tvOS UIFocusGuide demystified

tvOS UIFocusGuide demystified

A post about tvOS UIFocus enlightenment and a helper Class that I use to help debug my user interface work.

UIFocus

Above you’ll notice four buttons (a screenshot from my actual Apple TV). You’ll also notice a total of eight purple boxes with dashed outlines. Each is labeled in all capitals. Those are instances of my helper Class (“FocusGuideRepresentation”). You see, UIFocusGuides do not have any visual interface. So when you are deploying them, you’re essentially working in the dark. This helper Class shows you right where the guides are to help you visually lay everything out. Of course, when you get into dynamic situations where buttons are shuffling around, this can help you even more.

The focus management for tvOS works incredibly well when your buttons line up vertically or horizontally. It just works, you don’t need to do anything for that functionality. When they aren’t aligned, you can get into situations where buttons aren’t available through normal navigation. Above, without any UIFocusGuides, a user could move from button One to Two. And back up. That would be it. Buttons Three and Four would be hung out to dry without the user able to navigate to them. That’s why UIFocusGuides exist.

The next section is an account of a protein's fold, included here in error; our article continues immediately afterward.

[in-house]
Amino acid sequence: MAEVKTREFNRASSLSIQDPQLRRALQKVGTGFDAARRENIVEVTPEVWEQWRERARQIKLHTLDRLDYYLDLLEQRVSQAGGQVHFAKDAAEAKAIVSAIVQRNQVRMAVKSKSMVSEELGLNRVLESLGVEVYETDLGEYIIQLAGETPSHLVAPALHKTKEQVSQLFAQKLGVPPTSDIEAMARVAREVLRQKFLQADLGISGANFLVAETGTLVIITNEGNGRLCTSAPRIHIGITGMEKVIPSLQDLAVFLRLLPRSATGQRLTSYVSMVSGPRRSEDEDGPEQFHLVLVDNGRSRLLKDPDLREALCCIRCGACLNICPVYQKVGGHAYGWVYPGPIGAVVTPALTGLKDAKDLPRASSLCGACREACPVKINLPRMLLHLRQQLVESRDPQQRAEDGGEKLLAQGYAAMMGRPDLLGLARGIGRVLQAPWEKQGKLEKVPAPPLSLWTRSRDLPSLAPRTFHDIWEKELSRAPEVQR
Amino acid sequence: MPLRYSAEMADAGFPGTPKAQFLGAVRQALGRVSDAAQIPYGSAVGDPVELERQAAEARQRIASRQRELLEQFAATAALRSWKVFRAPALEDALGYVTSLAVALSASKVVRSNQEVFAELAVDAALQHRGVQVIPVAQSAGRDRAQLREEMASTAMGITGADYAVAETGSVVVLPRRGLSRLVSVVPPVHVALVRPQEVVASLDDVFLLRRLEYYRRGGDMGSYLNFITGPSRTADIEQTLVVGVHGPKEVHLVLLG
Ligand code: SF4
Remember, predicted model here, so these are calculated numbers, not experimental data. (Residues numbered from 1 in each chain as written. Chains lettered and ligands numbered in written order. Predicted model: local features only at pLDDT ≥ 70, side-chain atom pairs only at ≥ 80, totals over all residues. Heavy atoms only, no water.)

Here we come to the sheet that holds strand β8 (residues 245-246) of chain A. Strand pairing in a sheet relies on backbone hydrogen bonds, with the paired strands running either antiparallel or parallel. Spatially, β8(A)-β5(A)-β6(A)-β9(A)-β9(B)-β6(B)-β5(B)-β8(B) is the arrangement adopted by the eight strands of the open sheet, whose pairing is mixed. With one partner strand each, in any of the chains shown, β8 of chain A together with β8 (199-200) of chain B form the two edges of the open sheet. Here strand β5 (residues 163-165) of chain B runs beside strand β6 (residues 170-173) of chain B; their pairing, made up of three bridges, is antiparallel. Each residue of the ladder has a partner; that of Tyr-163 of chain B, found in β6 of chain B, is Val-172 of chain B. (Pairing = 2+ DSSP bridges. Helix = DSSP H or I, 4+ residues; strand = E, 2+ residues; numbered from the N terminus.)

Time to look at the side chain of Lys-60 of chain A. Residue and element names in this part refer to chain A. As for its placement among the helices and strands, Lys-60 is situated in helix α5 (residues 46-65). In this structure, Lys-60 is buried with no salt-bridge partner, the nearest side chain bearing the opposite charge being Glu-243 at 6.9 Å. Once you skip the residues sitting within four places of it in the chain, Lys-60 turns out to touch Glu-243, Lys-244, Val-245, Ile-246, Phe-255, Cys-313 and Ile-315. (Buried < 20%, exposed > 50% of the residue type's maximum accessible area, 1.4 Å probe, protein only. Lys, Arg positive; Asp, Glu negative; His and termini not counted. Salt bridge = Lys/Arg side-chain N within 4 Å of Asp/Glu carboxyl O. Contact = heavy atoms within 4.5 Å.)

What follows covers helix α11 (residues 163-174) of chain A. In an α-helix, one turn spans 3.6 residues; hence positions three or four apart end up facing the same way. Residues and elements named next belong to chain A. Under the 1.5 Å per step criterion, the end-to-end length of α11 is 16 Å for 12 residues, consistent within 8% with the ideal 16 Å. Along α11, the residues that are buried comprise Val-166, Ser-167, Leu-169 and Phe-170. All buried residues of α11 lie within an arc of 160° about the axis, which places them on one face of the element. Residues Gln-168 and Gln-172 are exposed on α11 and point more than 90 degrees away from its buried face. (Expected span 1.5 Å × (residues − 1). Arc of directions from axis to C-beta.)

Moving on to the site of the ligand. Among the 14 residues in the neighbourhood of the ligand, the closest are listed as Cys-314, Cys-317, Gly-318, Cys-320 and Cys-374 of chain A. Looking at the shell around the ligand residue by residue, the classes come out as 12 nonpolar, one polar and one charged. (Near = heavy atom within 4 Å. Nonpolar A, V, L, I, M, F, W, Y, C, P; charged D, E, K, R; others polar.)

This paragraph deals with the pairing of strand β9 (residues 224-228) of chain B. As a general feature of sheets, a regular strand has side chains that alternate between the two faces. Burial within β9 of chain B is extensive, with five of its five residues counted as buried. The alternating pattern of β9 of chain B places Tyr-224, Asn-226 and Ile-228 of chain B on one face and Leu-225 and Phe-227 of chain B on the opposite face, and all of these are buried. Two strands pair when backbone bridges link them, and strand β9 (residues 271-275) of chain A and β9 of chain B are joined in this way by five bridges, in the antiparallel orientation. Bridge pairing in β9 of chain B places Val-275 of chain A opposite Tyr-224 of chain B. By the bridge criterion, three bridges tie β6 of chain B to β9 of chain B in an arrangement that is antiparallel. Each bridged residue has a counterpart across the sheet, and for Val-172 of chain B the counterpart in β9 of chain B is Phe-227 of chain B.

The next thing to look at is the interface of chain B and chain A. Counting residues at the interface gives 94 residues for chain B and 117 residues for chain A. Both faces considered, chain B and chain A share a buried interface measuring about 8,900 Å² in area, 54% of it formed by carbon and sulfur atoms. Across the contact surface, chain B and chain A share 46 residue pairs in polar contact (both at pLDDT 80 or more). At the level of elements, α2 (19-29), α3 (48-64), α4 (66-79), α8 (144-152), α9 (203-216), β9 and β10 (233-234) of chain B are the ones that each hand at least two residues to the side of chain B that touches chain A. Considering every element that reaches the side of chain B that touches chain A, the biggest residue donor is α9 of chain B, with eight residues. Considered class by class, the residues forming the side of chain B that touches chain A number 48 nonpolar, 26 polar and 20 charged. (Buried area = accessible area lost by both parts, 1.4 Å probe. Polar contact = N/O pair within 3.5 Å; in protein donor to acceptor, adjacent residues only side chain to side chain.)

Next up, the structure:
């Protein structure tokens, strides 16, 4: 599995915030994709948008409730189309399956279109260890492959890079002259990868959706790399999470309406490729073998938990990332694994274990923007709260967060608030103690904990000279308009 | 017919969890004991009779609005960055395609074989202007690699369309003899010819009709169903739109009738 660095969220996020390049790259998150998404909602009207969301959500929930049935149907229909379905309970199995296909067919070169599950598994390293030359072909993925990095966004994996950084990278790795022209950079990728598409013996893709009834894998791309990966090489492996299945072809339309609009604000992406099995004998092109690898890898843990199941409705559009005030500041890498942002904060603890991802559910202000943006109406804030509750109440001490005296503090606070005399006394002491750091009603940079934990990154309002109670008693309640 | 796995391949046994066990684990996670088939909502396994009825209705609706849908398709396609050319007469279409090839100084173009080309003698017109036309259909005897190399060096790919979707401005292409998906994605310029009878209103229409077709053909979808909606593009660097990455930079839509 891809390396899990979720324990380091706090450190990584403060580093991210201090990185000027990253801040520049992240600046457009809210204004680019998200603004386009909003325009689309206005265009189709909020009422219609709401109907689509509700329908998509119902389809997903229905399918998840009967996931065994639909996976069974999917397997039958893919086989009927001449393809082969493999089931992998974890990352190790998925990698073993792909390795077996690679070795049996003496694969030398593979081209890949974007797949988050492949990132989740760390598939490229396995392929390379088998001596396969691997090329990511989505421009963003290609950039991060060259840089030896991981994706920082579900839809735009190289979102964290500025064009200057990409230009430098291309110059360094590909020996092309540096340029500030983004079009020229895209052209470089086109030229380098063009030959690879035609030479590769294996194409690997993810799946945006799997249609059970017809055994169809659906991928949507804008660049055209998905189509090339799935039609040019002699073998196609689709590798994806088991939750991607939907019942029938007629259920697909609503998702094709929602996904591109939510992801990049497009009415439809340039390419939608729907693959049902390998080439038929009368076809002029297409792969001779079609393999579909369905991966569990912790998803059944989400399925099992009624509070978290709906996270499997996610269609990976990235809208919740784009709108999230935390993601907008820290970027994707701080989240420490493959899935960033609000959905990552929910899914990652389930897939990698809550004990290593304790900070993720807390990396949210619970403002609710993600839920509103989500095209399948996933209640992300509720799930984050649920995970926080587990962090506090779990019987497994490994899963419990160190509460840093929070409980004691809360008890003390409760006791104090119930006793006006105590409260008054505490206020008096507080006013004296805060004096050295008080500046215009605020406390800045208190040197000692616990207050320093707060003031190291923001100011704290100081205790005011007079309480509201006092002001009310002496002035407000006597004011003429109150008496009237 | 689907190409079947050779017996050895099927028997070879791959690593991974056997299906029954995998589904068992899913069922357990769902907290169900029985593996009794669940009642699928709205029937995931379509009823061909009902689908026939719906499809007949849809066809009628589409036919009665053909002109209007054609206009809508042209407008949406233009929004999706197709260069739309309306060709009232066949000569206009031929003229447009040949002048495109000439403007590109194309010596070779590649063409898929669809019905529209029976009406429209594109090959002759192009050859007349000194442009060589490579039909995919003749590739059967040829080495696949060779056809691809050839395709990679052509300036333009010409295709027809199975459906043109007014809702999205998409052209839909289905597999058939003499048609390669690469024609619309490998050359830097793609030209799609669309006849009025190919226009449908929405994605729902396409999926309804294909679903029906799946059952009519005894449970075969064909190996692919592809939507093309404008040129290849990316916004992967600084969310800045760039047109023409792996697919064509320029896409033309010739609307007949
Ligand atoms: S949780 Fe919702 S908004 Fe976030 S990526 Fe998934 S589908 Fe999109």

You can think of them as invisible buttons that pass focus to an actual button – based on rules that you provide.

I decided that in addition to being to move up and down with the Siri remote to access the buttons, left and right should also work at the top. A user swiping right from One to get to Three should work. That means 8 guides, as you can see in the diagram. The dashed rule lines show how each guide passes focus. That is a lot of guides, but in the end, the navigation ends up being buttery and simple to use. An application should be a joy to use.

Below is the code for the helper Class, followed by the full code for what you see in the image. Try it out on an Apple TV and see what’s going on and experience how nice it feels getting around.

And, now, the main code for the ViewController. Note: the 4 UIButtons are in the Storyboard and hooked up (as you see the @IBOutlets).

 

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